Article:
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Facebook explains why it used natural language to compete with Google search

Facebook’s Graph Search is the company’s big bid to compete against the likes of Google, Yelp, and LinkedIn with people-powered, connections-based search. And interestingly enough, even though its machines run on a deep understanding of nodes and edges that bind all of humanity and our habitats into an enormous web, its front end has to handle very human language.

Google has for the past decade or two been training us to search with keywords rather than natural phrases. For example, a Google web search might read “bookstore Alamogordo wifi coffee” rather than “What bookstores in Alamogordo have free Wi-Fi and serve coffee?”

But Facebook, as engineers Xiao Li and Maxime Boucher note today on the company blog, takes a different approach. [See full post embedded below.]

The Graph Search team iterated over possible query interfaces at the early stage of this project. There was consensus among the team that a keyword-based system would not be the best choice because ofthe fact that keywords, which usually consist of nouns or proper nouns, can be nebulous in their intent. For example, “friends Facebook” can mean “friends on Facebook,” “friends who work at Facebook Inc.,” or “friends who like Facebook the Page.” Keywords, in general, are good for matching objects in the graph but not for matching connections between the objects. A query built on keywords would fail in cases where a user needs to precisely express intent in terms of both nodes and edges in the graph.The team also toyed with the idea of form-filling augmented by drop-down filters. However, because of all the possible options you could search for in Facebook’s data, this would easily lead to an interface of hundreds of filters. In mid-2011, the team converged around the idea of building a natural language interface for Graph Search, which we believe to be the most natural and efficient way of querying the data in Facebook’s graph.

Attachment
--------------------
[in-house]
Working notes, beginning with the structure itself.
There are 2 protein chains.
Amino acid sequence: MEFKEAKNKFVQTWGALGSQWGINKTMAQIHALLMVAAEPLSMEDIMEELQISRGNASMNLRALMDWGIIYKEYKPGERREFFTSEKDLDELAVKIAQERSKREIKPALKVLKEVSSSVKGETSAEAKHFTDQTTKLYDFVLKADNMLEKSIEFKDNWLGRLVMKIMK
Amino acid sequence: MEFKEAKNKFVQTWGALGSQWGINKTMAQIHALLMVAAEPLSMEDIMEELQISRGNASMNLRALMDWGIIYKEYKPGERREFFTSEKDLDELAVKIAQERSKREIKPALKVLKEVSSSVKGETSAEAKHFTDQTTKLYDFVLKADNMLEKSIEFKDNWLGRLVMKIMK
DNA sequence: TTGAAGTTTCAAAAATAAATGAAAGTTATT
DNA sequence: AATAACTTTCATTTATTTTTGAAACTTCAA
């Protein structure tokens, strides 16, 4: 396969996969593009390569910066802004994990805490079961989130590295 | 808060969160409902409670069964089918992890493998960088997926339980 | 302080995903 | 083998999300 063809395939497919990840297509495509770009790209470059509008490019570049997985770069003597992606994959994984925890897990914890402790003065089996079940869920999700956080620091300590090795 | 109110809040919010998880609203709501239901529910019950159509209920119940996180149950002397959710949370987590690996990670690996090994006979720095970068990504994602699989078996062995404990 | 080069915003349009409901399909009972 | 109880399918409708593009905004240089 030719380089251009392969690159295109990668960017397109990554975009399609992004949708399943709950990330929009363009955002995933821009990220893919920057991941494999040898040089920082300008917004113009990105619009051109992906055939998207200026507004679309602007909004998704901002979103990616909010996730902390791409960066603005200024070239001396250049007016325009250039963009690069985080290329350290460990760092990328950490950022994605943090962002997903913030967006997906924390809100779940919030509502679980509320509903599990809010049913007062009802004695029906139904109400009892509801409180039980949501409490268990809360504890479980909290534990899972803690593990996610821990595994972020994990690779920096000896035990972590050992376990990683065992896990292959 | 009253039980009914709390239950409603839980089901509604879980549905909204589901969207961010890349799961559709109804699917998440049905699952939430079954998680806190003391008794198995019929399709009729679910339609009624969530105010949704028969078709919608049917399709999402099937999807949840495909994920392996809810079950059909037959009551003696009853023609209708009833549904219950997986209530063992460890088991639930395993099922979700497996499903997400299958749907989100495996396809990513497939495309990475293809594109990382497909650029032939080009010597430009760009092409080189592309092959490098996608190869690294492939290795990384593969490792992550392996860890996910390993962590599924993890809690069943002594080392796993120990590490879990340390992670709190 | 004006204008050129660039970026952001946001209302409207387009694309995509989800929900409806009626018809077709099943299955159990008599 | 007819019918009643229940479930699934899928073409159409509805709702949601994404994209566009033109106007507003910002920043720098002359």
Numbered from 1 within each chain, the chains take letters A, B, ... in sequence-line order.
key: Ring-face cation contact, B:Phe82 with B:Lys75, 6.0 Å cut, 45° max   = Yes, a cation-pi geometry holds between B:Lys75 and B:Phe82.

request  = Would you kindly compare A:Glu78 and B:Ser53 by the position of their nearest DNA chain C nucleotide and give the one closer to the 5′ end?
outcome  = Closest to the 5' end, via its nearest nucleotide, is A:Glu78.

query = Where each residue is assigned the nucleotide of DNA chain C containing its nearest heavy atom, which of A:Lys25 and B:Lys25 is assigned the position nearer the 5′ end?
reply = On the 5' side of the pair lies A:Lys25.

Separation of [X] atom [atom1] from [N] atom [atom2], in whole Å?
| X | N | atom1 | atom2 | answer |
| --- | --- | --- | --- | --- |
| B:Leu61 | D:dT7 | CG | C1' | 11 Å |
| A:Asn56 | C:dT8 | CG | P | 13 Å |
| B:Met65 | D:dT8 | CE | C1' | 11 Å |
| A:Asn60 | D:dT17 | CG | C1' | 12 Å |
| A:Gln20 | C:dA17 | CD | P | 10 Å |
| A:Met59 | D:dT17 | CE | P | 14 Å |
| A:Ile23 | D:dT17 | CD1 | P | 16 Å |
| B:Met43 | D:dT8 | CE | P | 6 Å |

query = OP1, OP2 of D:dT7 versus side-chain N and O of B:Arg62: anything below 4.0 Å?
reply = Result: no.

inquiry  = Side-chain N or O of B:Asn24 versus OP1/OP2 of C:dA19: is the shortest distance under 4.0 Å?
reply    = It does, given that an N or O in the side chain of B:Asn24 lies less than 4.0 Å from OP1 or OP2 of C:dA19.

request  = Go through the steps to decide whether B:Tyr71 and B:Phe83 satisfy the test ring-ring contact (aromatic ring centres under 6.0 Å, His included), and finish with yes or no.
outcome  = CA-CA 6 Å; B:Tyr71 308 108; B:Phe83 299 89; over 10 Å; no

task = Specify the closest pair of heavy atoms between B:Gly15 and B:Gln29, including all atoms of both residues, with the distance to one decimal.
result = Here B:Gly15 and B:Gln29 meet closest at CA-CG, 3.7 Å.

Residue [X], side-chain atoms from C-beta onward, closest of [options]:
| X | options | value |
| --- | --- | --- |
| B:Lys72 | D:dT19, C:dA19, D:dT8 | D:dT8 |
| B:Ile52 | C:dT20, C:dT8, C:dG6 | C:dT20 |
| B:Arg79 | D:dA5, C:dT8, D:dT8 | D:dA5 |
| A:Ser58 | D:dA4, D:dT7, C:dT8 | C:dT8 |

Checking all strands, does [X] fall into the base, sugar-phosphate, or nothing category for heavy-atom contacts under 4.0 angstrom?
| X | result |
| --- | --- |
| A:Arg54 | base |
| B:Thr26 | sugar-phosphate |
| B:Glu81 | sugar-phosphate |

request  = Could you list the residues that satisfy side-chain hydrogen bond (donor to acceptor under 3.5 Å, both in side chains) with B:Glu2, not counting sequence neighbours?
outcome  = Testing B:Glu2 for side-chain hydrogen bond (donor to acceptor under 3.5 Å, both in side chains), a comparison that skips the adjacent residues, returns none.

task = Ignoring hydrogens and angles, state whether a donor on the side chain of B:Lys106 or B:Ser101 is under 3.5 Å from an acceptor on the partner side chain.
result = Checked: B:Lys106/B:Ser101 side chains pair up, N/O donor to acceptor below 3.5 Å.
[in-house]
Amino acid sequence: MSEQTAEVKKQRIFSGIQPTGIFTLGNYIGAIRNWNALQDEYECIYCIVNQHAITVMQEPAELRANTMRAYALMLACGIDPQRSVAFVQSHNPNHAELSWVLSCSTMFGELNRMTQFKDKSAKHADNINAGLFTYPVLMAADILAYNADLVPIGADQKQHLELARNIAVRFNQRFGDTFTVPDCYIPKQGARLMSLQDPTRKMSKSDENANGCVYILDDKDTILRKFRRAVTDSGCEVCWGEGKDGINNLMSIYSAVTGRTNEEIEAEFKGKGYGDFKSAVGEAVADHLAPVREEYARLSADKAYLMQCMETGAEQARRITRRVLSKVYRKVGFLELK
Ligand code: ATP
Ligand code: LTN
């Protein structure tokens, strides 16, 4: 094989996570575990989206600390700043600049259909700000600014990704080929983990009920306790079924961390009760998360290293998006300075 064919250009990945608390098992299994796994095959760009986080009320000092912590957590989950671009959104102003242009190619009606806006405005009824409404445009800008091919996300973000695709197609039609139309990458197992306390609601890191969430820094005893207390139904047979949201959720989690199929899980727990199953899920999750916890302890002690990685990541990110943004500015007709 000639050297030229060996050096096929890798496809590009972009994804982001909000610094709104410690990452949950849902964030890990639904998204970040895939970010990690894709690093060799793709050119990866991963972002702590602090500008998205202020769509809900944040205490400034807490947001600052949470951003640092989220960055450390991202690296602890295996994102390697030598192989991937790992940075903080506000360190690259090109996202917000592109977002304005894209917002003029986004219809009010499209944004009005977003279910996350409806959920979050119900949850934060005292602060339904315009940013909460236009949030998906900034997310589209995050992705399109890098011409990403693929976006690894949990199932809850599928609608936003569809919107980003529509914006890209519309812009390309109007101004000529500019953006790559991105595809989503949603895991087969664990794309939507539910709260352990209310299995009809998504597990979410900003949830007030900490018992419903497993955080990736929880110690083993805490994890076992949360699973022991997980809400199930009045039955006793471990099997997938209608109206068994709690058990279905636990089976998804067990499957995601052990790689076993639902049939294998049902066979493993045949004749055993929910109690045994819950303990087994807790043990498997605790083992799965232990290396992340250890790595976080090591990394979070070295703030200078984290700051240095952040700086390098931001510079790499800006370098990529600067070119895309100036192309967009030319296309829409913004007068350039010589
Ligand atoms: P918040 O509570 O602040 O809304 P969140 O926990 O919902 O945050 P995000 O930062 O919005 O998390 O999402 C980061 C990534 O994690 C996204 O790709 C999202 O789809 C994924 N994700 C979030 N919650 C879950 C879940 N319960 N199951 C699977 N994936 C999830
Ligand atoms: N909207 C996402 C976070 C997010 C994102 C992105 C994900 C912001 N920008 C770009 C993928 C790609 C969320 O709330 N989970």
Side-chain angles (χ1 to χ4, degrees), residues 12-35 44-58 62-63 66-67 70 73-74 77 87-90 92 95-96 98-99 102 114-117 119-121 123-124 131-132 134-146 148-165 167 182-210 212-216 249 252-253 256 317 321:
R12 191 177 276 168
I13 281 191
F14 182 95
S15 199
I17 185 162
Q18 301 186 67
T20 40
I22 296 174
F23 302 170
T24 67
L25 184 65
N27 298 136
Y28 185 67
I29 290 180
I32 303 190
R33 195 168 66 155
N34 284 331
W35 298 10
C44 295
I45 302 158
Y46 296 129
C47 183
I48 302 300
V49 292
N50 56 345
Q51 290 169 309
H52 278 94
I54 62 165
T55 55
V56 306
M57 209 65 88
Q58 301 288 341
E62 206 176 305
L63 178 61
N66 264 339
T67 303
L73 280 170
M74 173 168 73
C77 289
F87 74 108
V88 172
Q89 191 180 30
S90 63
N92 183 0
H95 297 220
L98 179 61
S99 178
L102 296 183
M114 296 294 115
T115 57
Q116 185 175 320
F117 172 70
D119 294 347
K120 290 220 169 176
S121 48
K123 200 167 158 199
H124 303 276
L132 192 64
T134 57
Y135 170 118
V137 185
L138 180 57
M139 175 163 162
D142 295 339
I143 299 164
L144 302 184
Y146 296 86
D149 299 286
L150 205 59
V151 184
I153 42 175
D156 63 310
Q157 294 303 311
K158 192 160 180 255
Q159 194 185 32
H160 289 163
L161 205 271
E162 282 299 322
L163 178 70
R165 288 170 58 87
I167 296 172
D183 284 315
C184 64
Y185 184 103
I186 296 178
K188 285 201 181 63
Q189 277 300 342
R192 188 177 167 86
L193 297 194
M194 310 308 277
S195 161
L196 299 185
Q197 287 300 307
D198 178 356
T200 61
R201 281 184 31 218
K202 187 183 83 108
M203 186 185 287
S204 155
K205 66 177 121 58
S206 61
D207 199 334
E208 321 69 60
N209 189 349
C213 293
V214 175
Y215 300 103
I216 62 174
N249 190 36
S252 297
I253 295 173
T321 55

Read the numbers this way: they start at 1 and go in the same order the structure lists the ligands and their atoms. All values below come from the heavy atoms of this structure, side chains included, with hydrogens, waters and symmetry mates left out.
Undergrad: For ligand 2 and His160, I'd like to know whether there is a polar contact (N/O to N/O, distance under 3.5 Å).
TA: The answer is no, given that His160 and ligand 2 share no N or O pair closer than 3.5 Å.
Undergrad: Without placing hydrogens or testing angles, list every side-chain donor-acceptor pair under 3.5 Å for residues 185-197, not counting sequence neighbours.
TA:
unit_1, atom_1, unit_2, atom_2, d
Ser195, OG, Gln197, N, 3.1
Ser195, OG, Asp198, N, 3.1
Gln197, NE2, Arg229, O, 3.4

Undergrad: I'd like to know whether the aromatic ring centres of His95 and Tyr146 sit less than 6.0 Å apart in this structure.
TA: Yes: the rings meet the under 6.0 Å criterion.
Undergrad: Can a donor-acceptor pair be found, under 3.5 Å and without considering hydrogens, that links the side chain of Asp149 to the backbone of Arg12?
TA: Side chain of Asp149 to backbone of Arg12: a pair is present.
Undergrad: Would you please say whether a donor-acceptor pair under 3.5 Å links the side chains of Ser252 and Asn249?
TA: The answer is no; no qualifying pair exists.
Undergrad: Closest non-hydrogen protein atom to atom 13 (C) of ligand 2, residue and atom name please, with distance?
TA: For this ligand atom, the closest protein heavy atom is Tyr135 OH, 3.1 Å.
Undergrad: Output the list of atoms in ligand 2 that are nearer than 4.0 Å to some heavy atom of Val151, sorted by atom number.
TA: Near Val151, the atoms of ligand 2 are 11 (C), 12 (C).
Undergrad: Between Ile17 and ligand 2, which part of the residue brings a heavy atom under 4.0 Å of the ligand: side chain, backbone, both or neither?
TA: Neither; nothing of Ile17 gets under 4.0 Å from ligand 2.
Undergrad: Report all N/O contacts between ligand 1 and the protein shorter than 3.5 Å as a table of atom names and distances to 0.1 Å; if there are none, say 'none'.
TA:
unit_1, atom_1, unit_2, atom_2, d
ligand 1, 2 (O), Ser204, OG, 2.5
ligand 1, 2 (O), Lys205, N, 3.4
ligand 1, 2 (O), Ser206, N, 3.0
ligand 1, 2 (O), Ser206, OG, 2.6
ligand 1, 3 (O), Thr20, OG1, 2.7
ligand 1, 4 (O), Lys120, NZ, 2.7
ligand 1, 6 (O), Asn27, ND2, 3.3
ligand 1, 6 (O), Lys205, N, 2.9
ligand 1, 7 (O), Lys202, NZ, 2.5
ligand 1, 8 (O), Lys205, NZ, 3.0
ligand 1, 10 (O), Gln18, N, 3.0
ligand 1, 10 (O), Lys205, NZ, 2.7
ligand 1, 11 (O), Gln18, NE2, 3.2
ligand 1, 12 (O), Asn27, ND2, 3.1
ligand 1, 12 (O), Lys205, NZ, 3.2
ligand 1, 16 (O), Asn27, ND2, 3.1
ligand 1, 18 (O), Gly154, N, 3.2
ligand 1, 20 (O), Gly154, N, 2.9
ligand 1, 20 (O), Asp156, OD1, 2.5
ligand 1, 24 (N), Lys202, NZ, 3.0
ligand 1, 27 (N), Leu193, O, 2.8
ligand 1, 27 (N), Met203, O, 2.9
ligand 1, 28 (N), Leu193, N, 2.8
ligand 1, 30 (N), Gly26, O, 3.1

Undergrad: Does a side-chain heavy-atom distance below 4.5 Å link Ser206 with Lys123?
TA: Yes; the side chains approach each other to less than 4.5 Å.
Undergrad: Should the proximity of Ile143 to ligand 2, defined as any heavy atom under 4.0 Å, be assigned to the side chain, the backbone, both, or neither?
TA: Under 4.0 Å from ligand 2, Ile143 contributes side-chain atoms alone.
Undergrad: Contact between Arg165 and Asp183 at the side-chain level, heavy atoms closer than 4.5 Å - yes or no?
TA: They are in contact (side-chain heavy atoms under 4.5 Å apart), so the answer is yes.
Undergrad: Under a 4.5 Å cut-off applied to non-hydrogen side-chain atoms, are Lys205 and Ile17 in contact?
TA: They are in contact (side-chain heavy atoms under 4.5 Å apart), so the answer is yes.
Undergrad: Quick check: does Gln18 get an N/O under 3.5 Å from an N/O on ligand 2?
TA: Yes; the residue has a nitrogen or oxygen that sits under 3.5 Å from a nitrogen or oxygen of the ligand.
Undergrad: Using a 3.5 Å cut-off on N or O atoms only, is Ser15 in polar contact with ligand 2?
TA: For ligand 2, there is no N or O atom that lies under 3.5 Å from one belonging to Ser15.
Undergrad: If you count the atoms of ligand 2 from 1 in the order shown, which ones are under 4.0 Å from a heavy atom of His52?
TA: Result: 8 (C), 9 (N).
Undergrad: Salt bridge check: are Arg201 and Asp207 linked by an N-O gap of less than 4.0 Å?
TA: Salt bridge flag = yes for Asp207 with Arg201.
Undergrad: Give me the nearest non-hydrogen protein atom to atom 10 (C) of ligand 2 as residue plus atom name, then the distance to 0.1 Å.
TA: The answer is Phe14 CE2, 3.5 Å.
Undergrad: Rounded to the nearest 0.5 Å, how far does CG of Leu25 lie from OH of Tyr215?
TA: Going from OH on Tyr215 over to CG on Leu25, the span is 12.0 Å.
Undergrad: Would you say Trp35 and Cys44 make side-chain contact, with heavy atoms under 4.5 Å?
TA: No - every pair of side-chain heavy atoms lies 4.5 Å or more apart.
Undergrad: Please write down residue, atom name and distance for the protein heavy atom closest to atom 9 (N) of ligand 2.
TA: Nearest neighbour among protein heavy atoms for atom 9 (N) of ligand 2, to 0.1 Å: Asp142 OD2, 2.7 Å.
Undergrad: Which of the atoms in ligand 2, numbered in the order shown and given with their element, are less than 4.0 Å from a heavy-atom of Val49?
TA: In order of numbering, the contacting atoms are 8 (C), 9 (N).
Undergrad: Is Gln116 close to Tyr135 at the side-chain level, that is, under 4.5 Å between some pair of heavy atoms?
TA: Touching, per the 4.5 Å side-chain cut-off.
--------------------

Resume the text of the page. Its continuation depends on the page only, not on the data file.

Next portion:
The post goes into further detail about parse trees, which basically conjugate a natural language query, separating it into usable data and a stack for when and where to search for which terms; the flexibility of natural language search via lexical analysis; entity detection; and semantic parsing.

It’s a hefty but satisfying read for those interested in the future and present realities of the technology behind all kinds of evolving search.

Facebook natural language engineering

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